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The best self-esteem hack for stay-at-home moms

STAY,AT,HOME,MOM
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Because it's easy to be deceived into thinking that the most important results are only the immediate ones.

One of the most frustrating things about being a stay-at-home mother is that you’re inevitably exhausted by the end of the day, but somehow, nothing you did seems to explain it. You changed a bunch of diapers, maybe you cooked and managed a few loads of laundry. You helped out with homework, you took the kids to the park … it’s just not that extraordinary.

If all of this domestic, everyday work suddenly stopped, you can bet people would notice. (Have you ever gotten the flu, and watched in alarm as the whole house descended into chaos?) A mother’s work, when it’s done day in and day out, becomes quickly invisible, sometimes even to the mother herself. It’s hard to remember that it counts.

Even when other people appreciate what I do, I rarely extend the same encouragement to myself. My husband will come home after a long day in the machine shop, and thank me for my hard work, but I feel silly accepting the gratitude — especially when I don’t have anything to show for the day, besides that all the kids are alive and relatively dry. At night, when it’s just me and my thoughts, I tell myself that I don’t deserve to be this exhausted. After all, what did I even do?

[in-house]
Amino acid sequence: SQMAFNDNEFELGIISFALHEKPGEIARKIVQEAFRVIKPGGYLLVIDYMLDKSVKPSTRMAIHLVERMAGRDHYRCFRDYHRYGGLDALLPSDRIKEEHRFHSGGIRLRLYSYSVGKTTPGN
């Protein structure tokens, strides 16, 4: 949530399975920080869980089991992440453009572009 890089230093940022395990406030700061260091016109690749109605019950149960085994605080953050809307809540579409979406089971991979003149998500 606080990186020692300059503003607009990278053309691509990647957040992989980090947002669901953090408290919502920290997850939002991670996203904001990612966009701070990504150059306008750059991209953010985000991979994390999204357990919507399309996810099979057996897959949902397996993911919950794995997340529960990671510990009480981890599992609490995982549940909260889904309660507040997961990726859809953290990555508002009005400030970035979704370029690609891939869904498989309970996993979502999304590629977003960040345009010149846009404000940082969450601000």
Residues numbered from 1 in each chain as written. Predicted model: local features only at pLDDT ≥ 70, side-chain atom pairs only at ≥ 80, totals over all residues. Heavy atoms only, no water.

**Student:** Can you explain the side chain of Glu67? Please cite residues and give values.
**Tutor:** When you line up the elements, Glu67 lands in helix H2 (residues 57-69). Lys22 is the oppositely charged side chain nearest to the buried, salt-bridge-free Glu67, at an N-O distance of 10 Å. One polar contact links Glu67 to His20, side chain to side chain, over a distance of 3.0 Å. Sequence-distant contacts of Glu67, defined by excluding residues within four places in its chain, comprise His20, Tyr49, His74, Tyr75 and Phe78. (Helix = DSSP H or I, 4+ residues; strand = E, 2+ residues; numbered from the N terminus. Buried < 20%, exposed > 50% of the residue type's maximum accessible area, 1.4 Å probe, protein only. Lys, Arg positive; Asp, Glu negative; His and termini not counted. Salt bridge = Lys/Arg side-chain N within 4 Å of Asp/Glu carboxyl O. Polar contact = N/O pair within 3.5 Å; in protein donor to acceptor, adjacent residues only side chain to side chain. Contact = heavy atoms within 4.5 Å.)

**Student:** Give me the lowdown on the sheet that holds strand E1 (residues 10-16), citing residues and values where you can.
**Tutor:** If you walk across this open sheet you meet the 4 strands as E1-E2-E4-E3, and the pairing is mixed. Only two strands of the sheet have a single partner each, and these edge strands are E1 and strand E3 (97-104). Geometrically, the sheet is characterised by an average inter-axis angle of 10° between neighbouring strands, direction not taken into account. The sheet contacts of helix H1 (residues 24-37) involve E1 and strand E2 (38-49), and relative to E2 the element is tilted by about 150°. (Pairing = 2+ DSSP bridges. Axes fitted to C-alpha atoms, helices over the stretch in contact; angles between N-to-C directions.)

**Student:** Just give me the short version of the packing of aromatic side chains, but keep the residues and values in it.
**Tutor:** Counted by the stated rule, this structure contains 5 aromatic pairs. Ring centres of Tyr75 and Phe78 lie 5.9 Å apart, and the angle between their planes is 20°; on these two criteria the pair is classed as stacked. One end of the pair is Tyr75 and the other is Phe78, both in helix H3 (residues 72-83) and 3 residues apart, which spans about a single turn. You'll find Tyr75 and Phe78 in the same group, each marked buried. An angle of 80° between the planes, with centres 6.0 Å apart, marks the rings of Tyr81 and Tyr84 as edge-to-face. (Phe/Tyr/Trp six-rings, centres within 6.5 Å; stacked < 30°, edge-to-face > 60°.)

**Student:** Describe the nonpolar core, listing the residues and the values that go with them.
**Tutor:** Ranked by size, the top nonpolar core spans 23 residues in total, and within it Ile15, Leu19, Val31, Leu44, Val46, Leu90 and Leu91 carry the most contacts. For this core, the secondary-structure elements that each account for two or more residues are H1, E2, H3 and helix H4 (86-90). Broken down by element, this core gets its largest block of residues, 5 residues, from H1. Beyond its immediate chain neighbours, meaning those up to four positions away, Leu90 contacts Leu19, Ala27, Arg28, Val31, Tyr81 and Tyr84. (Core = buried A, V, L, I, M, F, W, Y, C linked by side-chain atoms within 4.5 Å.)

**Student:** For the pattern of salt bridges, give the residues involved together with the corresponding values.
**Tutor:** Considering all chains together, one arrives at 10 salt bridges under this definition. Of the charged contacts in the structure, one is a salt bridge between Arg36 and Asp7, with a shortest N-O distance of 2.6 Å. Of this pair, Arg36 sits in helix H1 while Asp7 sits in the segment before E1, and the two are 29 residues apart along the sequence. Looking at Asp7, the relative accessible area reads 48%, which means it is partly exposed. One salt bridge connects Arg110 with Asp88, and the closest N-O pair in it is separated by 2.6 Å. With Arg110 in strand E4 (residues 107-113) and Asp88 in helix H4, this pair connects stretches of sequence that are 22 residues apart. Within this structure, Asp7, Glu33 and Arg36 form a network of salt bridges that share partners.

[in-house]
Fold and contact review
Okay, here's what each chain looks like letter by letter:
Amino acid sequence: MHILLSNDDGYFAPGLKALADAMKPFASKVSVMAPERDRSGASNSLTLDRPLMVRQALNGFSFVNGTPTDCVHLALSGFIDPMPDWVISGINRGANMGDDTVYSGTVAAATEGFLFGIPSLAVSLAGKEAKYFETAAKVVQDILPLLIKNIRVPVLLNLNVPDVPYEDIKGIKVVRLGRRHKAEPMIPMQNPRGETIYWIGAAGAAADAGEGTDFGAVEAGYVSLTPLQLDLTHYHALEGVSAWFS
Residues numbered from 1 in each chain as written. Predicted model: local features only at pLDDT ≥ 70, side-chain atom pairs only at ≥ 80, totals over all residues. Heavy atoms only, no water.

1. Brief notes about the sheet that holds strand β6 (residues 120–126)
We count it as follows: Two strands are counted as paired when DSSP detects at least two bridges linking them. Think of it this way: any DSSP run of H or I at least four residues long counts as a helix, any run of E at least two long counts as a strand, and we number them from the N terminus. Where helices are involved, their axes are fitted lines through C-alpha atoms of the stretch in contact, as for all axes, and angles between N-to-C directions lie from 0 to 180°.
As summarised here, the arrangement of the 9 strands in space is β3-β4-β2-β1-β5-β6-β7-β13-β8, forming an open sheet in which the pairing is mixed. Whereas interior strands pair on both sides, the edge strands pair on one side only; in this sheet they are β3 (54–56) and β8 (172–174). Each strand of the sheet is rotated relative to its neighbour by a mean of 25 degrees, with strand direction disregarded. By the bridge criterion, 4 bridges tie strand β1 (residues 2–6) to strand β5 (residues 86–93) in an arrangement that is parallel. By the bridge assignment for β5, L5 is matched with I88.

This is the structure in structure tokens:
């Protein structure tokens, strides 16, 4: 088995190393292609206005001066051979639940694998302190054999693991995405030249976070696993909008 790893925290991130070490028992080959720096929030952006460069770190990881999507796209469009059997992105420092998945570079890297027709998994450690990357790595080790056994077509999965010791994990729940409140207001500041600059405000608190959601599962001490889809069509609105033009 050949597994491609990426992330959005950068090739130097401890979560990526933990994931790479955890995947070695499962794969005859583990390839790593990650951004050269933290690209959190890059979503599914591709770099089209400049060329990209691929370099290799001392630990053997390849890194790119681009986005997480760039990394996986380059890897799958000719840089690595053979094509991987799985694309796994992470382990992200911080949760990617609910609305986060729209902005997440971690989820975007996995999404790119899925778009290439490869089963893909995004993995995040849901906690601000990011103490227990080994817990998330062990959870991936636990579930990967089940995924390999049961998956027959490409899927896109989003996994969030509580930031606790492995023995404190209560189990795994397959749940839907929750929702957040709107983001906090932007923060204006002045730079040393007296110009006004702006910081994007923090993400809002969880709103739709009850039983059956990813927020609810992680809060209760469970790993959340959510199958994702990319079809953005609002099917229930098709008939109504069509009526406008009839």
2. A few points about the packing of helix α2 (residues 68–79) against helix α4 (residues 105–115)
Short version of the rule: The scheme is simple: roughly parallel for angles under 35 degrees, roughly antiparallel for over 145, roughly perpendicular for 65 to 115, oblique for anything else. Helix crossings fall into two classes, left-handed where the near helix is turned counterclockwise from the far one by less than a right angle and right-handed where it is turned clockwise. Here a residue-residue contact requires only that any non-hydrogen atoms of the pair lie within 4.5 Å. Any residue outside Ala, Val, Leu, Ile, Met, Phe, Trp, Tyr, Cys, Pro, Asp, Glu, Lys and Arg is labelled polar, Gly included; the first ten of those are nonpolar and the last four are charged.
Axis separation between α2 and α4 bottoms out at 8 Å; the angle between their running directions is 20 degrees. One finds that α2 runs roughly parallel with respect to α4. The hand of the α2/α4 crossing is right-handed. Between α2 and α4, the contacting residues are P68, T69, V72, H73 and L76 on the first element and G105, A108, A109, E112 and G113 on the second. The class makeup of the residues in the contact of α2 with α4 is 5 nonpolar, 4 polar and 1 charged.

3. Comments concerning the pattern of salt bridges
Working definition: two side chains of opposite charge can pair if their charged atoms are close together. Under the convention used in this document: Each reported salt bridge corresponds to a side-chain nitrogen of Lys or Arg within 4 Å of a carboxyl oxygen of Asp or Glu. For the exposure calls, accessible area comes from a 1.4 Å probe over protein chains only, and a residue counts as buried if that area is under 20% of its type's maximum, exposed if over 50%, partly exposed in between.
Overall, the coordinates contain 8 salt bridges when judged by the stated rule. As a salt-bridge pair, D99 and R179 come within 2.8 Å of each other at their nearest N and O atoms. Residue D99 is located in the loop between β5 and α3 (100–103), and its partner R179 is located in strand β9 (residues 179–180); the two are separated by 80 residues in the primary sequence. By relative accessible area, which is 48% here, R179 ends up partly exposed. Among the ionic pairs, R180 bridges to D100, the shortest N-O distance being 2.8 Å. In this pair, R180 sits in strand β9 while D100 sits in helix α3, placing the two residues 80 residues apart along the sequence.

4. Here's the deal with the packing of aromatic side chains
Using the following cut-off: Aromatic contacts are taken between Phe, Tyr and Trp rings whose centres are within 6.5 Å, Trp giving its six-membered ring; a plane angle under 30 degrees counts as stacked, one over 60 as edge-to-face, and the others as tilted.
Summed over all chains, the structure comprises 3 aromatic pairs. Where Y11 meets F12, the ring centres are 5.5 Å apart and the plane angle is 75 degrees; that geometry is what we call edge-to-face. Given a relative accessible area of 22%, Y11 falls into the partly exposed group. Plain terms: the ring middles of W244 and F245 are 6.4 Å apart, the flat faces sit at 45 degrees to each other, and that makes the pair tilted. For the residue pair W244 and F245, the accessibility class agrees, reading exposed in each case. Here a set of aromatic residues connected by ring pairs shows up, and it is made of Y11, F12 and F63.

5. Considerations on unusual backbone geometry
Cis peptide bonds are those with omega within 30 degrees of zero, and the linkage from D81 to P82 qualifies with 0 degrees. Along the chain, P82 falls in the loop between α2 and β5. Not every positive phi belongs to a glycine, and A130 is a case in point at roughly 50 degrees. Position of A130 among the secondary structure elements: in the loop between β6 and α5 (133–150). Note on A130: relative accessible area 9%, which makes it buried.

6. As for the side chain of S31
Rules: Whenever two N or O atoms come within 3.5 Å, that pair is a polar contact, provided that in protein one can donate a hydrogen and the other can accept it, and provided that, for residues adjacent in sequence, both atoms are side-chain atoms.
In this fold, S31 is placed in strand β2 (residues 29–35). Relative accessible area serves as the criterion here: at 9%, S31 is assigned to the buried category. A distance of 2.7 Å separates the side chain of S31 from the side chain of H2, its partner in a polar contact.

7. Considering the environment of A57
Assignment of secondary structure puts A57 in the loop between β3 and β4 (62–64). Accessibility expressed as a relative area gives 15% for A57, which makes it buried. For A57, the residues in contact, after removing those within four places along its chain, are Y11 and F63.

When I start giving myself a hard time, I’ve found that the best cure is to force myself to get specific with my complaints. “Okay, then, let’s test this theory,” I’ll say. “What exactly did I get done today?”

“ … Um,” (It’s hard to get started at first) … “I fed the kids breakfast, does that count?” So I force myself to recount the day, and make note of anything that would be noticed if it didn’t get done. Did I get supper on the table? Then I nourished the bodies of those I love, and provide my family a special time to connect with each other. Family dinners matter. Did I finally make that doctor’s appointment? Then I’m doing what it takes to keep their bodies healthy, and to guard the rest of the community from the potential spread of illness. Did I read a few books to the toddler, while dinner was in the oven? Then I showed him that he’s important to me, and that he’s worth my time. Can you imagine if he never learned that?

Just because your work isn’t visible doesn’t mean it’s not valuable. Doing my to-do lists backwards is helping me remember this. Instead of remembering all the things I need to do tomorrow, I take a minute to remind myself of all the things I did today. Anything that’s only noticed when it’s neglected — no matter how small, no matter how ordinary — belongs on that list. The idea is to force yourself to acknowledge all the very real work you did do, both mental and physical, to refuse to buy into the narrative that only exciting work counts as work.

Remembering this truth can make a real difference for your self-esteem. Self-esteem, after all, isn’t narcissistic. Shouldn’t you have esteem for what’s genuinely valuable? Well, you are valuable. Your work is valuable. And you owe it to yourself, in justice, to acknowledge that.

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